The problem of space junk attracted attention of the UN Committee on the Peaceful Uses of Outer Space still in the 1970s. Since then, many ways of solving this problem have been proposed from tug satellites and ground- or space-based lasers to formation of a 30-kilometer-thick belt with tungsten particles that would decelerate junk objects and cause their re-entry into the atmosphere.

Currently, most of these projects are on the stage of development or testing, but it is already known that they will require considerable financing and, very likely, will be developed in international cooperation.

However, as SETS representatives believe, it is important not to just remove the space junk, but also to prevent its formation. For this, all satellites sent to space should have a thruster. After the accomplishment of the mission, the spacecraft can use propulsion to lift itself to a graveyard orbit or to quit its orbit and enter a descent trajectory, after which it will burn down in the atmosphere.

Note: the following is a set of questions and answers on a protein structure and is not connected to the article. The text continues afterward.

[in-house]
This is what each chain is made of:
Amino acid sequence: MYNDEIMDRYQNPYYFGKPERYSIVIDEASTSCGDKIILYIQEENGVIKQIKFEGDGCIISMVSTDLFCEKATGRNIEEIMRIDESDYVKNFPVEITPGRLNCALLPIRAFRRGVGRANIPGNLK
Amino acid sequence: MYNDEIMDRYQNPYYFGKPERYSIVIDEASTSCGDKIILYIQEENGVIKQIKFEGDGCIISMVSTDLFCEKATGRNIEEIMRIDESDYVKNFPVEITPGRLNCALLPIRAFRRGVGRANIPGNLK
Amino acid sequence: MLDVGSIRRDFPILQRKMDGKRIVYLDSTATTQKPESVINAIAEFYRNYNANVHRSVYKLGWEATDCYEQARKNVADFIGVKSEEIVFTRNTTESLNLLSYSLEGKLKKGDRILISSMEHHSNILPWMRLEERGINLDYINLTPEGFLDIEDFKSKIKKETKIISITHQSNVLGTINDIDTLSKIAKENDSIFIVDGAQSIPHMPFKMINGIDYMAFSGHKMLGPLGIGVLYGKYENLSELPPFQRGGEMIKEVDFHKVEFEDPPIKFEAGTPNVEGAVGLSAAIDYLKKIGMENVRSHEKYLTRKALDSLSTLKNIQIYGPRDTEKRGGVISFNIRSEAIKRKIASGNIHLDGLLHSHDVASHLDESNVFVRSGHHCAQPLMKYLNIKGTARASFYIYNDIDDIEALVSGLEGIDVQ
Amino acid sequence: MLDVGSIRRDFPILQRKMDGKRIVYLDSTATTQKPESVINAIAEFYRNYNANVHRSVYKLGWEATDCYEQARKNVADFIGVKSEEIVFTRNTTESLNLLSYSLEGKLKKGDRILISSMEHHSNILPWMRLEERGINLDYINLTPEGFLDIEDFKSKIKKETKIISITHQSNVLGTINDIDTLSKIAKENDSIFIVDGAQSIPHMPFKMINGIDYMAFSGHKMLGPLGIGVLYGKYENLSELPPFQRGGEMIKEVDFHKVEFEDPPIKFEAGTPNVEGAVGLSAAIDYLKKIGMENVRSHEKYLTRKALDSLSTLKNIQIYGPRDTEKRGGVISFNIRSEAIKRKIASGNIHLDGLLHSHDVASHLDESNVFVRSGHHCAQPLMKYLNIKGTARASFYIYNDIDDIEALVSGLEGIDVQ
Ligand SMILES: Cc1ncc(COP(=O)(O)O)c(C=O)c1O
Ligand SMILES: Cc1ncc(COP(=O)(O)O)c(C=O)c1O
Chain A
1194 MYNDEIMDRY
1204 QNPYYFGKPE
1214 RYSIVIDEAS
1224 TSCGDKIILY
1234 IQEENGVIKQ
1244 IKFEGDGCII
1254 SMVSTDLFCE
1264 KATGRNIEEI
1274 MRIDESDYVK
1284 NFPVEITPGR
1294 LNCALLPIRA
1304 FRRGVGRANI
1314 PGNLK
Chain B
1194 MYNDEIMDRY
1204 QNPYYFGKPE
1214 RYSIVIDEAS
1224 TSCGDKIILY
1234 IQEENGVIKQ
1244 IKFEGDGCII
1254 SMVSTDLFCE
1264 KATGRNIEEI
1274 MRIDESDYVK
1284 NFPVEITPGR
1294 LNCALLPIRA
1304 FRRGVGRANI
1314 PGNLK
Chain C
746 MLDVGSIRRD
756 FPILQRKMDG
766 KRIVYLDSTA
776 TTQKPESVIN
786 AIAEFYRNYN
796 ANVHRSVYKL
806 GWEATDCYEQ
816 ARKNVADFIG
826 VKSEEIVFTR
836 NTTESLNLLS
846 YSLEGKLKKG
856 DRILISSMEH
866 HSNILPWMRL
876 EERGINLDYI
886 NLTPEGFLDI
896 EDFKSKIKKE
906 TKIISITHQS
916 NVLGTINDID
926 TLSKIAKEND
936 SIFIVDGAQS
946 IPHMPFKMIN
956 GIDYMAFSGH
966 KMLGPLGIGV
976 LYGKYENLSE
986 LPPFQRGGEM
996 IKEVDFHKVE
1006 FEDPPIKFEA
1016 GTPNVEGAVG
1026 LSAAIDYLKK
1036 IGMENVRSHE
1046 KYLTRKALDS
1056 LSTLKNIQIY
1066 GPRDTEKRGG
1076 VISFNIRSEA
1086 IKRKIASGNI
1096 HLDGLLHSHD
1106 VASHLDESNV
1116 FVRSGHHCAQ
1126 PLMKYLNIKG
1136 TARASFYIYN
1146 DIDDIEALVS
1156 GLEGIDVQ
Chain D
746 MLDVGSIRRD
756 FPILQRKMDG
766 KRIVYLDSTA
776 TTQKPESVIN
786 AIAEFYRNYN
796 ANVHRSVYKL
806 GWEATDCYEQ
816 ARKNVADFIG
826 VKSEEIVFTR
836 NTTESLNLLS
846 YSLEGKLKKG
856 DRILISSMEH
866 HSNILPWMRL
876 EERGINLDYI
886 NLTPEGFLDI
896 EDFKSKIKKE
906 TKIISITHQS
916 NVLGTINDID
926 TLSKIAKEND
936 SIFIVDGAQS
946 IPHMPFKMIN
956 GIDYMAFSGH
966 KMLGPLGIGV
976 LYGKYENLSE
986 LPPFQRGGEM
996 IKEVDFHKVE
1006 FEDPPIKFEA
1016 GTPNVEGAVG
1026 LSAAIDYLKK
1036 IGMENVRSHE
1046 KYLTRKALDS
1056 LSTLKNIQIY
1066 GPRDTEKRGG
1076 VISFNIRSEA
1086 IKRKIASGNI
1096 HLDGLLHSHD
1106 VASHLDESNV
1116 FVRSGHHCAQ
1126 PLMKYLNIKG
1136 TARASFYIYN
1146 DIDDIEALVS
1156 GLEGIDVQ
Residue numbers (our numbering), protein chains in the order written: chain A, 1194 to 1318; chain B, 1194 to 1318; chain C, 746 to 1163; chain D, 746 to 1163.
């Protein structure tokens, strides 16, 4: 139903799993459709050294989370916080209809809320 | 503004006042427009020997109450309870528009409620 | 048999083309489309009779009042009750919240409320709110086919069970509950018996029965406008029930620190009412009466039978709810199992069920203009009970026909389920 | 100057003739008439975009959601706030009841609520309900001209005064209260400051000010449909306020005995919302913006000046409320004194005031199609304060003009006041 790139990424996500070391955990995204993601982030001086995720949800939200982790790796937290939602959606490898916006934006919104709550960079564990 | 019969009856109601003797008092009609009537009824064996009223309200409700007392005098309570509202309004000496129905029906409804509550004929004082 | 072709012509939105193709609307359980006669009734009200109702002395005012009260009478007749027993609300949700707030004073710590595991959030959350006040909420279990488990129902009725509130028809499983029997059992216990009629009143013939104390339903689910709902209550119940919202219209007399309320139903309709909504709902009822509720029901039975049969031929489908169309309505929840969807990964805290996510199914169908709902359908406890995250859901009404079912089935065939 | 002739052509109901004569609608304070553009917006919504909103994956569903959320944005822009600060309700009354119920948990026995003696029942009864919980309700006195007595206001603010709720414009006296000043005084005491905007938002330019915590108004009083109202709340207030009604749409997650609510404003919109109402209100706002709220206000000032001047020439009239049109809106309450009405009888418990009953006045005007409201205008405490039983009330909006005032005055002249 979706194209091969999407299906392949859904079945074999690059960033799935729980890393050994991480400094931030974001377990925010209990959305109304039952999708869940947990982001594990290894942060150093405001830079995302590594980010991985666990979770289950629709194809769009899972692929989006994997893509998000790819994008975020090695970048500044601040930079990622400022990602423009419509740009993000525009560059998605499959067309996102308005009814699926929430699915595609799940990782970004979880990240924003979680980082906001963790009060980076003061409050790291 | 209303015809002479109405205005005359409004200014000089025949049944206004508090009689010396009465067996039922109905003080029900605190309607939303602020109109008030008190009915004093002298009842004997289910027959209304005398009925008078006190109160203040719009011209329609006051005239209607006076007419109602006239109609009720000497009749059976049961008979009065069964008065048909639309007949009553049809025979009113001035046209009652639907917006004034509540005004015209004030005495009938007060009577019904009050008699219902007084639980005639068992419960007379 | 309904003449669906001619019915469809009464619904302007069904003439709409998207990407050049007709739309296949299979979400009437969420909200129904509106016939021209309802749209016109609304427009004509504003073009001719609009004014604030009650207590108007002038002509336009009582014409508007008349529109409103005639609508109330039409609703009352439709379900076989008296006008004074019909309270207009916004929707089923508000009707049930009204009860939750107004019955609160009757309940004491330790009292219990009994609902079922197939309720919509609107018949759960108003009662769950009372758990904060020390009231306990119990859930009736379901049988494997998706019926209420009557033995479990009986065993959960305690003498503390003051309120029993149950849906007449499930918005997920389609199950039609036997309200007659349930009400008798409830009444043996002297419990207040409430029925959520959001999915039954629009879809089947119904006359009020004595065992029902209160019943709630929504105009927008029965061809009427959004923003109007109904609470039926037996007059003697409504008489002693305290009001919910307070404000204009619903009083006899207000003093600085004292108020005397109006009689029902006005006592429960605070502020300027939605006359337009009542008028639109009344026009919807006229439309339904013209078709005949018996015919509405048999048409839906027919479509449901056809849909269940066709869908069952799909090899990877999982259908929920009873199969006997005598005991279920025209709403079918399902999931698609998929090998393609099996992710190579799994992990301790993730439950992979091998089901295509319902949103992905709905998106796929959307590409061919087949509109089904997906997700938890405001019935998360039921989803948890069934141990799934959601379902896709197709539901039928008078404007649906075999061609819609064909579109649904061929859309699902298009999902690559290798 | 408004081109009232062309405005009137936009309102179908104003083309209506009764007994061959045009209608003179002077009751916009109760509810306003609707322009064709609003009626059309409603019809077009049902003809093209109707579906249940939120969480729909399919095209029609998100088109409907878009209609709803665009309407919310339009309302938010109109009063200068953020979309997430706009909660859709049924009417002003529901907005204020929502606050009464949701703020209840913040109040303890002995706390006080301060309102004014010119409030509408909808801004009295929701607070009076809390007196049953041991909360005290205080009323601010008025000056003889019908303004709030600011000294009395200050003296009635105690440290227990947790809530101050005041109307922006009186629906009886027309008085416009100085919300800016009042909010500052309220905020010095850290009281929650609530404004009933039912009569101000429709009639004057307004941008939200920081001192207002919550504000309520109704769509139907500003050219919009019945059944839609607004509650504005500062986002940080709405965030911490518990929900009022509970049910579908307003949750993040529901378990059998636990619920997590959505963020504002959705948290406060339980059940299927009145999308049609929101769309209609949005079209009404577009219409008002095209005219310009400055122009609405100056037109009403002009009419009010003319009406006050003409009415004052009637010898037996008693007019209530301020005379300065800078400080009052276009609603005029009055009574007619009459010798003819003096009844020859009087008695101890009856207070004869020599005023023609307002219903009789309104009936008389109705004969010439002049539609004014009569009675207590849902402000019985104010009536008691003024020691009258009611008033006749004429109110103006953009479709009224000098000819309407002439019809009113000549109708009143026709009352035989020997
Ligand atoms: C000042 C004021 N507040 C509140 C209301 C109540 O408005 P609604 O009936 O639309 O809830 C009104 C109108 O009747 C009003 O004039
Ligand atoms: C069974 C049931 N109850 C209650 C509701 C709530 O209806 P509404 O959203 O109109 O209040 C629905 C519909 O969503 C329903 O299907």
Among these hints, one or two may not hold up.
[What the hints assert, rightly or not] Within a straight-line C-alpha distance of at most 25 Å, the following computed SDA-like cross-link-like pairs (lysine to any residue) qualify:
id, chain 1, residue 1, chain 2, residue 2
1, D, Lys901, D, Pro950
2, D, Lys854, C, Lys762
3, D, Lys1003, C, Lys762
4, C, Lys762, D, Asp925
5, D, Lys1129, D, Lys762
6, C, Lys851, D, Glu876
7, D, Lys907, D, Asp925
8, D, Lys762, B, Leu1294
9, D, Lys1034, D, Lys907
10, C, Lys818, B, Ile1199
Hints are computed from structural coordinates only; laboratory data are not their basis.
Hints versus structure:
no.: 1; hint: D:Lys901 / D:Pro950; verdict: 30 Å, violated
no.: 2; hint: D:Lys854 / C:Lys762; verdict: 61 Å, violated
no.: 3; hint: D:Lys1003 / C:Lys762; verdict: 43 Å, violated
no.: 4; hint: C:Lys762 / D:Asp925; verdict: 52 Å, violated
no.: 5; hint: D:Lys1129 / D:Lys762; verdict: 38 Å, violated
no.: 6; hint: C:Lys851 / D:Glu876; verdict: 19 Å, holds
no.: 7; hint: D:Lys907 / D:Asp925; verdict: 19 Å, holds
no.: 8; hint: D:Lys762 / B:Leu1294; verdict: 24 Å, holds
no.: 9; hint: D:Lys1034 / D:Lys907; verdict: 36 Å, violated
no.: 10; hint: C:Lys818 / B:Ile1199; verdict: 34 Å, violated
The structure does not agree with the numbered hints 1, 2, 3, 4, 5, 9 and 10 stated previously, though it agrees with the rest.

Quitting the orbit on its own thruster

The technology of removal of a satellite from orbit by its own orbital correction thruster is already used for geostationary satellites. Typically, these are telecommunication satellites, the mass of which ranges from several hundred kilograms to several tons. Adding a thruster to such a satellite is not a problem.

It is more complicated with small satellites: the addition of a thruster substantially increases their mass, accompanying onboard systems are required which will fire the thruster when necessary and there has to be sufficient storage of propellant for its operation throughout the mission. All this contradicts with the desire of space service operators to obtain the maximum profit from commercial usage of communication or monitoring systems.

“A perspective solution can be electric thrusters with long service life, high specific impulse and small consumption of propellant, and, therefore, very economical,” – SETS specialists explain.

Types of electric rocket engines and their advantages